Part 1 of the 4 part series: Lectio Divina
Lectio divina means "divine reading" or "sacred reading." It is an ancient, Christian art that consists of a slow, contemplative reading of Scripture, enabling the Word of God to become a means of uniting ourselves with God. Before diving into this form of prayer, it's important to understand the basic foundation upon which it was built.
As humans, and especially in our current culture, we tend to be very busy and goal-driven. The noise of media, productivity, and checklists constantly demand our attention and attempt to rob us of a true and deep inner peace, often quite successfully. The practice of lectio divina is not intended to be another item that we check off our Catholic spiritual to-do list; rather, it is a means of reorienting our very selves and minds towards God, opening our hearts to a two-way communication with Him, reestablishing a sense of peace and silence, and fostering a deeper personal relationship with Him.
The four steps of lectio divina are:
These steps are not designed to have specific limitations, such as using only certain scripture verses or doing each step for a certain amount of time. Before beginning, it will be more fruitful if you take a few moments to place yourself in the presence of God, to ask for the aid of the Holy Spirit, and to follow the order of these steps while still allowing yourself to move freely between them, according to any quiet inspirations.
You do not need to worry about "doing it right." As you do it more often, you will become more comfortable and perhaps be able to stay in prayer longer. Because this ancient prayer is so contrary to the busyness of our culture, we have broken up the four steps into four posts to allow us to focus on one each day. I encourage you to take each of these days (or several days, if you prefer) as an opportunity to practice that one step, slowly building upon it with the next day's step, until you are fully praying lectio divina.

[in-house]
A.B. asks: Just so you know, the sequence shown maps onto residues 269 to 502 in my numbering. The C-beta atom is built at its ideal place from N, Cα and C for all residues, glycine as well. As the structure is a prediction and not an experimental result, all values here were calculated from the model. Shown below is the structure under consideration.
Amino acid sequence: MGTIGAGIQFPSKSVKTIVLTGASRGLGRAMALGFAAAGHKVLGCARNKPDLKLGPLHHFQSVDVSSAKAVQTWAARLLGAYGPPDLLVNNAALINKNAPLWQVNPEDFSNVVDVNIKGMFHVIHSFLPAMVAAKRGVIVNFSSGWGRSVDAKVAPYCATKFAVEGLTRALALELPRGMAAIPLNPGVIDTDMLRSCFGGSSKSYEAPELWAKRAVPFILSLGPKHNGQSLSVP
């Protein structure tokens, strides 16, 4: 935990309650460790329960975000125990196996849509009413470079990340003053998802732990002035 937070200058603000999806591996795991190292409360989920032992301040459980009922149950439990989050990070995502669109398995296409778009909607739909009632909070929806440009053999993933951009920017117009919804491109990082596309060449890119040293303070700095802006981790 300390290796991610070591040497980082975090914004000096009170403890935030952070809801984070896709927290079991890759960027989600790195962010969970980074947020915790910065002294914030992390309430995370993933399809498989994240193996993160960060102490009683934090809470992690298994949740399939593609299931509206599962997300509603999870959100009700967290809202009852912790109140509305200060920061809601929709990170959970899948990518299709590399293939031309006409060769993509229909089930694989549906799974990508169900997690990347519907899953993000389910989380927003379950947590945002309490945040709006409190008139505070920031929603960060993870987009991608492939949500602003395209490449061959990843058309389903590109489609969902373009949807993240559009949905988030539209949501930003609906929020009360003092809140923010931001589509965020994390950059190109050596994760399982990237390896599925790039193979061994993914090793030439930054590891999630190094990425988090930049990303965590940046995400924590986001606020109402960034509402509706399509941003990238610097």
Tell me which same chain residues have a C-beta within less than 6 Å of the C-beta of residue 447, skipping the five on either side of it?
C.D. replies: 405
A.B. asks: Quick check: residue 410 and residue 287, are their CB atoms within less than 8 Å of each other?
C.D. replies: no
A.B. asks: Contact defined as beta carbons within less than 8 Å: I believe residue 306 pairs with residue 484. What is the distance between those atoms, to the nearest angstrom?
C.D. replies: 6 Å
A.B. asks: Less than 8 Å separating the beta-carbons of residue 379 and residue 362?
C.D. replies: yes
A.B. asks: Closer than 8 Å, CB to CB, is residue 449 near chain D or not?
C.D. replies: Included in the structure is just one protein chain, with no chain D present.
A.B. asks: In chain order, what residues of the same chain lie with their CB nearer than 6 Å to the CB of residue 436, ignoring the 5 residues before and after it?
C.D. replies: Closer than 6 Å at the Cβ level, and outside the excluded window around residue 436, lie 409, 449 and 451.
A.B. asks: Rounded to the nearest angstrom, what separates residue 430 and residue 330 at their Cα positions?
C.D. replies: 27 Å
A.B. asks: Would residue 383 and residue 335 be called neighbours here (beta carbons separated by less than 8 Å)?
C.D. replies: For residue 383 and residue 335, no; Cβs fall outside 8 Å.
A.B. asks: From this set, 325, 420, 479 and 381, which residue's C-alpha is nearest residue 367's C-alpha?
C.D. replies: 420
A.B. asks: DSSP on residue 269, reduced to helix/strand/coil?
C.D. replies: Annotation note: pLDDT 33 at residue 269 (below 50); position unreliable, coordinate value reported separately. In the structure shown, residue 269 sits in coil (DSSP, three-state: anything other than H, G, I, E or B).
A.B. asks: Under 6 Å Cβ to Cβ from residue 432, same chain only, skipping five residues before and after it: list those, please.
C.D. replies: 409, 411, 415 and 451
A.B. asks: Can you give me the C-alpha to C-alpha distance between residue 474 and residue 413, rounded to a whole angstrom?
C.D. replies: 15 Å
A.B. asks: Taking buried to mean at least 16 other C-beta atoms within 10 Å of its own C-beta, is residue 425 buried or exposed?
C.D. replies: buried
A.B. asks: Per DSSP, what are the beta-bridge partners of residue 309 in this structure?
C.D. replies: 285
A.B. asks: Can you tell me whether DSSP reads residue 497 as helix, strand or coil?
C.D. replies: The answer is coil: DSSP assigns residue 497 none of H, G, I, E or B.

STEP 1 of Lectio Divina: Lectio or Reading/Listening
St. Benedict encourages us to cultivate the ability to listen deeply, to "listen with the ear of our hearts." This requires silence and an environment conducive for reflection. In 1 Kings 19:11-12, Elijah finds God voice in the "light, silent sound," not in the wind, earthquake, or fire. Therefore, begin by disposing your heart to God's still, small voice in a place where you can be free from distractions.
Choose a set of scripture verses. These can consist of a parable, a story from the Gospels of Jesus and his disciples, or part of a book of the Bible which you plan to slowly work your way through. You may also choose just one verse if something immediately sticks out to you while reading it.
Read through the verses. This should be done slowly and reverently. You may read through them several times, listening for the small voice of God to speak to you personally in a word, phrase, or verse. It will most likely not be loud but instead a gentle prompting or inspiration to further reflect on one thing.
In this first step of lectio, God slowly and softly teaches us to listen more attentively to His Word and to open our hearts to Him. Practice taking a few minutes every day to enter into His presence before reading Scripture. Quiet your heart, offer up your trials and distractions to God, and become aware of His presence in your life. Then read from Scripture with an open mind and heart, disposed to listening to the gentle promptings of the Spirit.